So as if I didn’t have enough trouble coming up with an idea for this project, I then had to jump through hoops just to get it put together. I think in terms of stress and frustration this project has topped my list.

Still waters run deep

Similes tend to make you think. Metaphors let you feel things.

I must admit I haven’t spent a lot of time thinking about metaphors or similes since high school, when we were required to memorize about 500 words and their meanings for college prep. Oh, the wonderful days of AP English, learning literary concepts and analyzing to our heart’s content. Just kidding.

I don’t usually take the time to analyze the words I’m using, or their implicit or explicit meaning, especially in every day conversation. But I use metaphor all the time. Everyone does. I’m constantly saying things like “I’m tired as a dog”, more so on Monday. When I stop and think though, most of the dogs I know personally are pretty high energy. Yes, they lay around all day and sleep but wouldn’t you if you were unemployed, covered in fur and left alone in a house all day? I sure would. No wonder dogs don’t wear pants.

The most difficult part for me of thinking about metaphor as a mechanism for creativity is that even today, even while studying to become a high school English teacher… metaphors confuse me. Similes confuse me. I don’t always know if I’m doing it right. I need examples! Creative examples!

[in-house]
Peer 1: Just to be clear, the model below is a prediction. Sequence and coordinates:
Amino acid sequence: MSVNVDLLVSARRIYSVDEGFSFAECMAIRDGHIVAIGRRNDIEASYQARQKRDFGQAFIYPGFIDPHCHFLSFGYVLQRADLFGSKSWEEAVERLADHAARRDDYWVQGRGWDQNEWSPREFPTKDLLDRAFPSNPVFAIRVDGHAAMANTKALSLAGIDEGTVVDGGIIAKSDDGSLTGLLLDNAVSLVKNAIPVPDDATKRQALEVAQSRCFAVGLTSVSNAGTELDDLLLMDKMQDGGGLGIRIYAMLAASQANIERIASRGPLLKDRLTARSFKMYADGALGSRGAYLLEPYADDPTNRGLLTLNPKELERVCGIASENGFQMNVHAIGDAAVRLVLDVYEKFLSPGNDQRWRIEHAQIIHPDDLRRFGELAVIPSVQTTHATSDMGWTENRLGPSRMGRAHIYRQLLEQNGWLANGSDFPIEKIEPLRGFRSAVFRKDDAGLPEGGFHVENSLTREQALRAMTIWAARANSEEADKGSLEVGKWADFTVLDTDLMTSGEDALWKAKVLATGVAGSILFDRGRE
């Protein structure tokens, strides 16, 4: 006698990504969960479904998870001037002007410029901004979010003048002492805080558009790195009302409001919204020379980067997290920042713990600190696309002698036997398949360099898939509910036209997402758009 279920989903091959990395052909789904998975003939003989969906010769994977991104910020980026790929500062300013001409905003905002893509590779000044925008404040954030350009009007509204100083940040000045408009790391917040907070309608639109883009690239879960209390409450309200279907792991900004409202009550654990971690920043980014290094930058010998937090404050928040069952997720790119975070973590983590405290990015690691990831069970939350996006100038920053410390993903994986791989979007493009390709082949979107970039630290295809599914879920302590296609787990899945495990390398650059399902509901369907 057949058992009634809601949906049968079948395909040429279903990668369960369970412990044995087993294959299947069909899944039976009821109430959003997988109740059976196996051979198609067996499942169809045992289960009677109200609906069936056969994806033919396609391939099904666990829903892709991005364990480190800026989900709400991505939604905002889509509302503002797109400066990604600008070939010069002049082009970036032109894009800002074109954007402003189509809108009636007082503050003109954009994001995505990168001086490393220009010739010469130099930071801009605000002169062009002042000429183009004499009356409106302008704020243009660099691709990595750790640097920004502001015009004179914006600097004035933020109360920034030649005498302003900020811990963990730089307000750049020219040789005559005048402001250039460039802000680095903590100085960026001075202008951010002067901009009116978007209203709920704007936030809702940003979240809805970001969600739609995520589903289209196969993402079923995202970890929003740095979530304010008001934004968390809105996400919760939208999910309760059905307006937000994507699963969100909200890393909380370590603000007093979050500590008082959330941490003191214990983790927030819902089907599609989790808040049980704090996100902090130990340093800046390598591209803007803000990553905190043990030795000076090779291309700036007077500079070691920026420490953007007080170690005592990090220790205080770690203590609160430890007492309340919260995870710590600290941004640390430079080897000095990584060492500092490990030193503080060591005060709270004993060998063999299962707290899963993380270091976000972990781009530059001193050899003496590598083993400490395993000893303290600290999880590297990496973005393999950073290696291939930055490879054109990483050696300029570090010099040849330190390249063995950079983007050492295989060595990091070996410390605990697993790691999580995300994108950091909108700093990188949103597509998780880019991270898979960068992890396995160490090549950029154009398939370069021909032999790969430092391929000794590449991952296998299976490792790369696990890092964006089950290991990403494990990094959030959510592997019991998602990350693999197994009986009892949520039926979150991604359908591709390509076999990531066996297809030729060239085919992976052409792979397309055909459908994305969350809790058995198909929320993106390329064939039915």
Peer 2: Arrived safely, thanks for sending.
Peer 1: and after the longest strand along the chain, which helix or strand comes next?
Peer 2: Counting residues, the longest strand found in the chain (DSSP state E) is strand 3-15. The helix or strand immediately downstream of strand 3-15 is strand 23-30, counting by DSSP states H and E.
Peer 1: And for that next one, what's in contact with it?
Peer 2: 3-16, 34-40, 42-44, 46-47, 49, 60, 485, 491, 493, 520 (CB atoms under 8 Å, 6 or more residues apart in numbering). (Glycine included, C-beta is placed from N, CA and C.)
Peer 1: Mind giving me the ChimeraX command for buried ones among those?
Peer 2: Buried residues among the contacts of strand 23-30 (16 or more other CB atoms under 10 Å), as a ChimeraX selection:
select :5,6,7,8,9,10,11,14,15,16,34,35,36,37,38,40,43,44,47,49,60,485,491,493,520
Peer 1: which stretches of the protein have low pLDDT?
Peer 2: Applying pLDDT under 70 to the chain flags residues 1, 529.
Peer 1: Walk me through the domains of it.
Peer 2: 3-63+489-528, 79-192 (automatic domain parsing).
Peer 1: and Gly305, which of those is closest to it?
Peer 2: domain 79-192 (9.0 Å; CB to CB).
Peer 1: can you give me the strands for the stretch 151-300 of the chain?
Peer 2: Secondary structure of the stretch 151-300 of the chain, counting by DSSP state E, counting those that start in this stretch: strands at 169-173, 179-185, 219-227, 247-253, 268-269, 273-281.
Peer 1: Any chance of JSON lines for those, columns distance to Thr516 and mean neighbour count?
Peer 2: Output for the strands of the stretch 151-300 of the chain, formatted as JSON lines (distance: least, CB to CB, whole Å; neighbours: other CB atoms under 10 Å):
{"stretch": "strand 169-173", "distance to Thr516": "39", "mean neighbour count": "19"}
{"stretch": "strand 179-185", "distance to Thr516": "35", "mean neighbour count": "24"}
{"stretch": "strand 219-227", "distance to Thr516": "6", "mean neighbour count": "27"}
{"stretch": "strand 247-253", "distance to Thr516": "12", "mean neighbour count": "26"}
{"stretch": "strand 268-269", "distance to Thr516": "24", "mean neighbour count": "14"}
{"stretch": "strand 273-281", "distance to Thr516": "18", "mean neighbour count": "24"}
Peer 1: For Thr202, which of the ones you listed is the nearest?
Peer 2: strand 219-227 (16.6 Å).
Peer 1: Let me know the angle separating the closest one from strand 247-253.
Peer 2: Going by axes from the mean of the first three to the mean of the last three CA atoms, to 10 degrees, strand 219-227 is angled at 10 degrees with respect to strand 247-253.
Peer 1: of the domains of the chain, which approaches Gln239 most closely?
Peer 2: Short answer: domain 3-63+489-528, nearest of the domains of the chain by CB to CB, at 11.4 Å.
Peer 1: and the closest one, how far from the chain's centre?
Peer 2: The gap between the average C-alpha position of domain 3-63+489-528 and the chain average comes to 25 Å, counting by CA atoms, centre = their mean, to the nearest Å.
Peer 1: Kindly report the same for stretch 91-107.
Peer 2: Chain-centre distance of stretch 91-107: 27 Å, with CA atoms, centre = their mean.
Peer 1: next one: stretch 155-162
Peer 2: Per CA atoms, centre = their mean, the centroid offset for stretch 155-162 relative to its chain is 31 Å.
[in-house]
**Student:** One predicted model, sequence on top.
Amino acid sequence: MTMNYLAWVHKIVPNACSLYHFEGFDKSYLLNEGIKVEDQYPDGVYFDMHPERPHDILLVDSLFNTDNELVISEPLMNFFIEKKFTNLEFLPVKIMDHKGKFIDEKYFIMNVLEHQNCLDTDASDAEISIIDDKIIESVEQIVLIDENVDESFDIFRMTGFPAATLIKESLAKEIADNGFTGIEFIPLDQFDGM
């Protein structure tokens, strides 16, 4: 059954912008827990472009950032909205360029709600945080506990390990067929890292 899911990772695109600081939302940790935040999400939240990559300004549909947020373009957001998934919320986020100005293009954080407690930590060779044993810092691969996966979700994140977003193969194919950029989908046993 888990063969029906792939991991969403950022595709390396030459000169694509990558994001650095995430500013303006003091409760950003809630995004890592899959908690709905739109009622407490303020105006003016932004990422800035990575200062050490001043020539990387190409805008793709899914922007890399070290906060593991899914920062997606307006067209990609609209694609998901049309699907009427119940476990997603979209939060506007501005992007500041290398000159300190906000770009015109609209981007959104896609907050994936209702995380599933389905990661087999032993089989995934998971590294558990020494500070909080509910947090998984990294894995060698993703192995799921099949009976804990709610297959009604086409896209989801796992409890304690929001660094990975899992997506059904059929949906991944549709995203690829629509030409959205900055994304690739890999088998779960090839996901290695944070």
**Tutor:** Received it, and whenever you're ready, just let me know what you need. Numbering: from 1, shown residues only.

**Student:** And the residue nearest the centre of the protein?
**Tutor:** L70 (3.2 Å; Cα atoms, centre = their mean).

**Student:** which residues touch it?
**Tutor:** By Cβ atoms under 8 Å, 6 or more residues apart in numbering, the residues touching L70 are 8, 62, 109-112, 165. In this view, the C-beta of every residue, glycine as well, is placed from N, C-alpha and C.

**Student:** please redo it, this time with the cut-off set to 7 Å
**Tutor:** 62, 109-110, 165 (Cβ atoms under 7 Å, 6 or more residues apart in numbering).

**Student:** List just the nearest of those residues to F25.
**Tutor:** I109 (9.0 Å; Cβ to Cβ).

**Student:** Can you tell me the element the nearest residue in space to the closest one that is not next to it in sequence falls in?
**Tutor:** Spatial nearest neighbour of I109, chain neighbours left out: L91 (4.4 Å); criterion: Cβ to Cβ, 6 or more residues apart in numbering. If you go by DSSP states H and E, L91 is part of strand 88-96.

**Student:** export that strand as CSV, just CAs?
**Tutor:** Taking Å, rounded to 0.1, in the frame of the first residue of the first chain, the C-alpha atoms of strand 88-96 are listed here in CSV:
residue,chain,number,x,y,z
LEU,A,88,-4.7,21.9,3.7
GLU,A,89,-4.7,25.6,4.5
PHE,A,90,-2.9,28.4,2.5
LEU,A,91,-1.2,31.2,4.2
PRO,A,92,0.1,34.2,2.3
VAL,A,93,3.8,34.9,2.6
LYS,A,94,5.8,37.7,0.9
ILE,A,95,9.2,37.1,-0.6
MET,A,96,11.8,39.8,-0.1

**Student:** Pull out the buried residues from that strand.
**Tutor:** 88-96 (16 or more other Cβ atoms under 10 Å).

Aha! So much better. When I need an example of a simile, “Life is like a box of chocolates” will now pop into my head. And metaphor, of course “That is the voice of an angel” will be my go-to example.

I love this video because it presents material in a fun creative way that allows students (and people like me) to understand how metaphors and similes are used in pop culture and in ways that relate to us. If I was teaching a lesson on metaphor I would use a video like this… it would show that metaphor isn’t limited to Shakespeare and if Kanye West and Jay-Z can use them, so can you! A great follow-up assignment to this would be to have students pull out their iPods or phones and see how many similes and metaphors they could find in a designated amount of time. Then you could talk through them as a class, discussing which ones work really well (Pink’s “You’re just like a pill” or Kanye’s “people are like seasons”) and which ones don’t (Omarion’s “there’s an icebox where my heart used to be”~ouch).